MB: I don’t know how to improve on that answer. You want somebody that can fully embody the character and that has strength, vulnerability, intelligence, is funny and you care about her journey. She’s really engaging.
TTVJ: Something I really liked about Jenny Cooper is that when we meet her she’s not all put together. On other shows like this, we see the person at the center almost have these super powers when it comes to solving the crime, but she feels very real. Why was that so important to ground her like that?
MB: For me, it’s important as a woman writing a show about a woman and her job, that it’s just like in real life. So you’re always having to prove your expertise in a way a man never would. It’s often that thing where for us to assume she’s good at her job, we have to see a super heroic moment instead of just believing that she is who she is. That was important, and the show’s a hybrid in a weird way of her work and life. We were trying to fuse the two together in a way that allows us to see her and feel her as a character while she’s also doing her job. We were trying to integrate the two together.
AM: It’s interesting on a socio-political level, in that we were involved with a former partner of this show, and they emphasized to us that Jenny needed mostly wins. They didn’t want to see the mistakes because they thought male audiences would turn it off. So it was interesting to see where we are with depicting women. We wanted to fight against that because men can make mistakes and do heroic things because they are fully developed characters. We wanted the quirks of Jenny, and she has a lot of them. That humor is so much of Morwyn’s voice that she brings to it and it’s so fun to behold. She’s quirky and she talks fast, but she’s really dogged and doesn’t give up. She’s passionate and you want to root for her.
MB: For me, there’s some wish fulfillment in that she doesn’t care what people think. Serinda embodies this trueness to her instincts, beliefs and impressions so well. There’s something about that that I find to be an admirational quality.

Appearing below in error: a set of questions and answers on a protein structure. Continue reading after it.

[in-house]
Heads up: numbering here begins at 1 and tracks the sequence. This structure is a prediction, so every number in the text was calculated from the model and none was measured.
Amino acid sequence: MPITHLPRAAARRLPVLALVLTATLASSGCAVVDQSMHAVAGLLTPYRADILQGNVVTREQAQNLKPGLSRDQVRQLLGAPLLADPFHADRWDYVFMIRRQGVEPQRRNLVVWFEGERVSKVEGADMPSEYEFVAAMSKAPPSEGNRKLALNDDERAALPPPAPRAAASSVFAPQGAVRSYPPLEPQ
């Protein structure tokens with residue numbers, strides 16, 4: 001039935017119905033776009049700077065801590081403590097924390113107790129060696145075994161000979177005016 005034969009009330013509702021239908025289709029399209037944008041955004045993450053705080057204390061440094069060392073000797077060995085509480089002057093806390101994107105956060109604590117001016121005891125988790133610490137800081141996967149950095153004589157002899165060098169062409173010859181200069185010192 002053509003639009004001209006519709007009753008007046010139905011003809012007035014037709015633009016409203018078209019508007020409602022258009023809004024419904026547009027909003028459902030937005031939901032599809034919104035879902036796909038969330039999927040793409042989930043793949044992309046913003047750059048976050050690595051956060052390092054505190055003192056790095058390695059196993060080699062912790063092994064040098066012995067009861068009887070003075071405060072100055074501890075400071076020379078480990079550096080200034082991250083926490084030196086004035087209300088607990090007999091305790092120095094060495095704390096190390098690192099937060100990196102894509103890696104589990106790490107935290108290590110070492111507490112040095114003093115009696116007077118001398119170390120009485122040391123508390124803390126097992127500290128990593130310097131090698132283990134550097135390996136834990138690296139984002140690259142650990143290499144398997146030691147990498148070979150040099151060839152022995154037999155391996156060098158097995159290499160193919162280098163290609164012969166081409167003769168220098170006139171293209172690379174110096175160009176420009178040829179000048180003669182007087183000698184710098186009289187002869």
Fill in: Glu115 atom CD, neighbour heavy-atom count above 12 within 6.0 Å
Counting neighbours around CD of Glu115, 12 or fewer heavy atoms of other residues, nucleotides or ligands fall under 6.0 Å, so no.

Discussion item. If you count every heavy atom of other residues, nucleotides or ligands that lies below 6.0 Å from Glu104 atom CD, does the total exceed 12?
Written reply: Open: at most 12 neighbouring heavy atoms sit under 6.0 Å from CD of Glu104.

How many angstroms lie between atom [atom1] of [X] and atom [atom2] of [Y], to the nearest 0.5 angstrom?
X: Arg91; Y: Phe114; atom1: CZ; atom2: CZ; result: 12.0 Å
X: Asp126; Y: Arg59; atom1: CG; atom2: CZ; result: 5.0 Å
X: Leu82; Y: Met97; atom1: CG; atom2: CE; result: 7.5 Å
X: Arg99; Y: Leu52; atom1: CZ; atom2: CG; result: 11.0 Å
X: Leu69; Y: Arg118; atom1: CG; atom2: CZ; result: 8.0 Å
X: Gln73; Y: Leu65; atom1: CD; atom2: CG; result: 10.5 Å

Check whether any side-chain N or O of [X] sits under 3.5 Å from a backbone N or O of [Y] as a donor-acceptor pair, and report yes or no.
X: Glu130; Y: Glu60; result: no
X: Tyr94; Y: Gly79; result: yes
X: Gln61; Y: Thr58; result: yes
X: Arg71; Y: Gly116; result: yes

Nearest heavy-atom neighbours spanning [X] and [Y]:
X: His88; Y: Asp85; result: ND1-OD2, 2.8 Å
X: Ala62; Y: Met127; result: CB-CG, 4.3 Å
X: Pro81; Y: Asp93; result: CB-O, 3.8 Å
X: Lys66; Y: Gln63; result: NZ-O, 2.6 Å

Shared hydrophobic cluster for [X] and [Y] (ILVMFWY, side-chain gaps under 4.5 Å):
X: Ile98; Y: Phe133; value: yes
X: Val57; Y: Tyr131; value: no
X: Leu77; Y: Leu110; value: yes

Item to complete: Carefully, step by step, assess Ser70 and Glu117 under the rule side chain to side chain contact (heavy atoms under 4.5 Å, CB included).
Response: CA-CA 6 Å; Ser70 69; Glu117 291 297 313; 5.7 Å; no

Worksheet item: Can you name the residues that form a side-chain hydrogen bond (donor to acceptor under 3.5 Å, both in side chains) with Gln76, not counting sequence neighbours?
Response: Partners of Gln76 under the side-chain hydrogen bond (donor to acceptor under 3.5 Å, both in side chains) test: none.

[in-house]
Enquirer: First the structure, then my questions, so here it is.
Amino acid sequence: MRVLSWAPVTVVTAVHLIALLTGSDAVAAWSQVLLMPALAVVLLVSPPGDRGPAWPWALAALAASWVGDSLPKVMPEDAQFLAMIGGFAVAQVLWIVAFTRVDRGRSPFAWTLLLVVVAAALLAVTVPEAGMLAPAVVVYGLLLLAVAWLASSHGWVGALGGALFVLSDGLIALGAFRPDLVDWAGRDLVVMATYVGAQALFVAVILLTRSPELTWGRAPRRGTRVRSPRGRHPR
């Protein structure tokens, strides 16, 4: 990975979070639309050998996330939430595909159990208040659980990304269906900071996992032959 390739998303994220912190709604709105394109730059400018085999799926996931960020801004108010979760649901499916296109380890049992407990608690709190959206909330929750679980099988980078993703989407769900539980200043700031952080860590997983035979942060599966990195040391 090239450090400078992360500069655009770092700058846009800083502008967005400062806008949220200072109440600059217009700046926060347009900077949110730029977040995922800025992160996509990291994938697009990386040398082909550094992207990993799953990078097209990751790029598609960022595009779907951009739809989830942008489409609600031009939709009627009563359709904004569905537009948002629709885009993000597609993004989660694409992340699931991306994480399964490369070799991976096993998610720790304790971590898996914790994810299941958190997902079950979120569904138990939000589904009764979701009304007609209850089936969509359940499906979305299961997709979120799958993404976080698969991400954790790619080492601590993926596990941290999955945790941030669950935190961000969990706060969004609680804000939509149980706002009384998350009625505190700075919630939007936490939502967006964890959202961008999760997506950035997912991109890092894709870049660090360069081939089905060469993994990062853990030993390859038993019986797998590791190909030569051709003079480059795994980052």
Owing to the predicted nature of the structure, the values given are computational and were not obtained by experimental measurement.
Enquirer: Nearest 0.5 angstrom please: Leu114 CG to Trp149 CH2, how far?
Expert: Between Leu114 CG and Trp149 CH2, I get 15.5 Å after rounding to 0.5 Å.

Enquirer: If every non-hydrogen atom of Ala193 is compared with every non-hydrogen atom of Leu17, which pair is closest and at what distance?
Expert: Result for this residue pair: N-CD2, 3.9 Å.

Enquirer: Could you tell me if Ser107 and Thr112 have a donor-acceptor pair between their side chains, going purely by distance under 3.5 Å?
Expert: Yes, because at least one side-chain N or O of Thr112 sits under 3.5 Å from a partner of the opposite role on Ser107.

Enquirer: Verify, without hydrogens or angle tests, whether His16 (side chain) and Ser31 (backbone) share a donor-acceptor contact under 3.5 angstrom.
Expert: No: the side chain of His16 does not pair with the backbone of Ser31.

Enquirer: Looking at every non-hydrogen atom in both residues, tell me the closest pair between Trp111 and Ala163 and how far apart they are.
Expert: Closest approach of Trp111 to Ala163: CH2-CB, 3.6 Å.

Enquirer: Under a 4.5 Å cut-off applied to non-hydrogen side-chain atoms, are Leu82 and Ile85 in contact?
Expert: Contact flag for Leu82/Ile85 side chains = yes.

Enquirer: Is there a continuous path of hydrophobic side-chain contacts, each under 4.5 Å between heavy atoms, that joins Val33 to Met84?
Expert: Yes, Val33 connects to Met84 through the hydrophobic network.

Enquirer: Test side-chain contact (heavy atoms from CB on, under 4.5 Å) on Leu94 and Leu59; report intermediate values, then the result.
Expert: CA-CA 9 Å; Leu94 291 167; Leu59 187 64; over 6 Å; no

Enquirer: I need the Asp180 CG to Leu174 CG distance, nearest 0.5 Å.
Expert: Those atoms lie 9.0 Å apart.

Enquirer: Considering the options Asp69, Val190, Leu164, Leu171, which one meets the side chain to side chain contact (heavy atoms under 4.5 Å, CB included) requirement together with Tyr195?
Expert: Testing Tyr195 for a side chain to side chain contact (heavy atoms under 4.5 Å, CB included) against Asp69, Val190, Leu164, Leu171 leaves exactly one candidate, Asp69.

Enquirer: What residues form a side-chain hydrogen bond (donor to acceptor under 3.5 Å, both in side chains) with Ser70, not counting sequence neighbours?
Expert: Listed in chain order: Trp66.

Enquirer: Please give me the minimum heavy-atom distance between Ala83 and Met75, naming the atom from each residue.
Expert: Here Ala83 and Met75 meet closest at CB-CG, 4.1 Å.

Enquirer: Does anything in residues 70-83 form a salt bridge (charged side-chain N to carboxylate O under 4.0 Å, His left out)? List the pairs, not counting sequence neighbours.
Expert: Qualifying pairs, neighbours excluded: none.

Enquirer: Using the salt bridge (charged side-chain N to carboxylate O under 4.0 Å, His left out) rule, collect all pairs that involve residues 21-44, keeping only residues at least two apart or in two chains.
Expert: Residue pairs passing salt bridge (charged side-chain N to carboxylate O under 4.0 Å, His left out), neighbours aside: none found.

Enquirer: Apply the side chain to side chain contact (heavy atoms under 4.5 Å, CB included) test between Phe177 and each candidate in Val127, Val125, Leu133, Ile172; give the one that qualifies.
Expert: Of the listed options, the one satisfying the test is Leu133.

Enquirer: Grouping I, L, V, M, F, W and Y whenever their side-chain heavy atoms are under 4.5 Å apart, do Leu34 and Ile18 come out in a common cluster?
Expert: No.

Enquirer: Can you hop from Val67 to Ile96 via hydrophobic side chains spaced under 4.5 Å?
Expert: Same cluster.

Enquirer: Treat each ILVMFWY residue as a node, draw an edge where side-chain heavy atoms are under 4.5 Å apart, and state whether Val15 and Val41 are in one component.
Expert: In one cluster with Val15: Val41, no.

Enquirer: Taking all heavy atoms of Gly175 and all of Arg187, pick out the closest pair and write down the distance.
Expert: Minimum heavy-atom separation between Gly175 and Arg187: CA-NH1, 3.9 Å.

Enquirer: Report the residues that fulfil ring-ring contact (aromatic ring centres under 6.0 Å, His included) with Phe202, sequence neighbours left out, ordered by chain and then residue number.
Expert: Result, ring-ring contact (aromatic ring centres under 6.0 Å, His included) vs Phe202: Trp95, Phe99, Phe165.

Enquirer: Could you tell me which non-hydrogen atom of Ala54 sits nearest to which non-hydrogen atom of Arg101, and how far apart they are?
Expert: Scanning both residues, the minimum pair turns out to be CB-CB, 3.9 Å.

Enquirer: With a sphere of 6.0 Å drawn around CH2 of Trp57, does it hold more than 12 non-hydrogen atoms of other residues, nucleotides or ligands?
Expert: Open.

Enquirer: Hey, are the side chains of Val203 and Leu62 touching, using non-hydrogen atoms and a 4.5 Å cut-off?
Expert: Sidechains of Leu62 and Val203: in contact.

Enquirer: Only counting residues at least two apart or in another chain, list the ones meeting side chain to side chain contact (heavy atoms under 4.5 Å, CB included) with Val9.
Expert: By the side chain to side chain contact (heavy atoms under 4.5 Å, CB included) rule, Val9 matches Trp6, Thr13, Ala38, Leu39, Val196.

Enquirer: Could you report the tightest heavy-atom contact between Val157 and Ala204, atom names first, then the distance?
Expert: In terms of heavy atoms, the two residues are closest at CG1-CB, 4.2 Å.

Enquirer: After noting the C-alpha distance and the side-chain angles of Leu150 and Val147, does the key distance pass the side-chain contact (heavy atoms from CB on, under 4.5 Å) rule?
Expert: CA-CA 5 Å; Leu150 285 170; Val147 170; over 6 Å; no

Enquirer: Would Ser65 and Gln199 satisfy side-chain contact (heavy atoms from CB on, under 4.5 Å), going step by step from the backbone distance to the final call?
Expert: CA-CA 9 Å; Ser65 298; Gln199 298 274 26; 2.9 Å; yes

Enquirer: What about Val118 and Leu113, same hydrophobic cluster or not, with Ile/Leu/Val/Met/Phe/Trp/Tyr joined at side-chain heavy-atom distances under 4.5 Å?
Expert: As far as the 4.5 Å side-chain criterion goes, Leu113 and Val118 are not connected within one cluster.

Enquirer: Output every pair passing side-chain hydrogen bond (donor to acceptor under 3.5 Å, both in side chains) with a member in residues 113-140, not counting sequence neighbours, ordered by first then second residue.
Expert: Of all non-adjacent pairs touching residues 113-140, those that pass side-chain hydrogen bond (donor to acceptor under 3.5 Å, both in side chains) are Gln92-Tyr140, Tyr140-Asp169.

TTVJ: Jenny discovers in this episode that when her husband died, he left behind all kinds of money issues, and that they were going to lose the house. Are there repercussions from all this that she and her son are going to have to deal with?
AM: There’s a mystery at the end of that episode and an image that will come back. I can say it?
MB: Can you say it?
TTVJ: Is it the dog? I was going to ask what’s up with the dog but figured you’d not give me any answers. [laughs]
MB: [laughs] Yes, the dog! You’ll have to keep watching to find out what’s up with the dog.
AM: The thing that triggers what that dog is is the death of her husband. So it’s just beginning to unravel layers to her life that she’s not aware of yet.
What did you think of the first episode of Coroner? Add your thoughts below!
Coroner airs Mondays at 9 p.m. ET on CBC and is available on CBC Gem.
Editor in Chief Bridget Liszewski comes from a long line of TV Junkies who fostered her love of television from a very young age. She's channeled that passion into covering both US and Canadian television shows, and is thankful everyday for the invention of the DVR. A graduate of the University of Notre Dame, she loves college football and is a fan of sports in general. Bridget is always up for talking TV and you can follow her on twitter at @BridgetOnTV.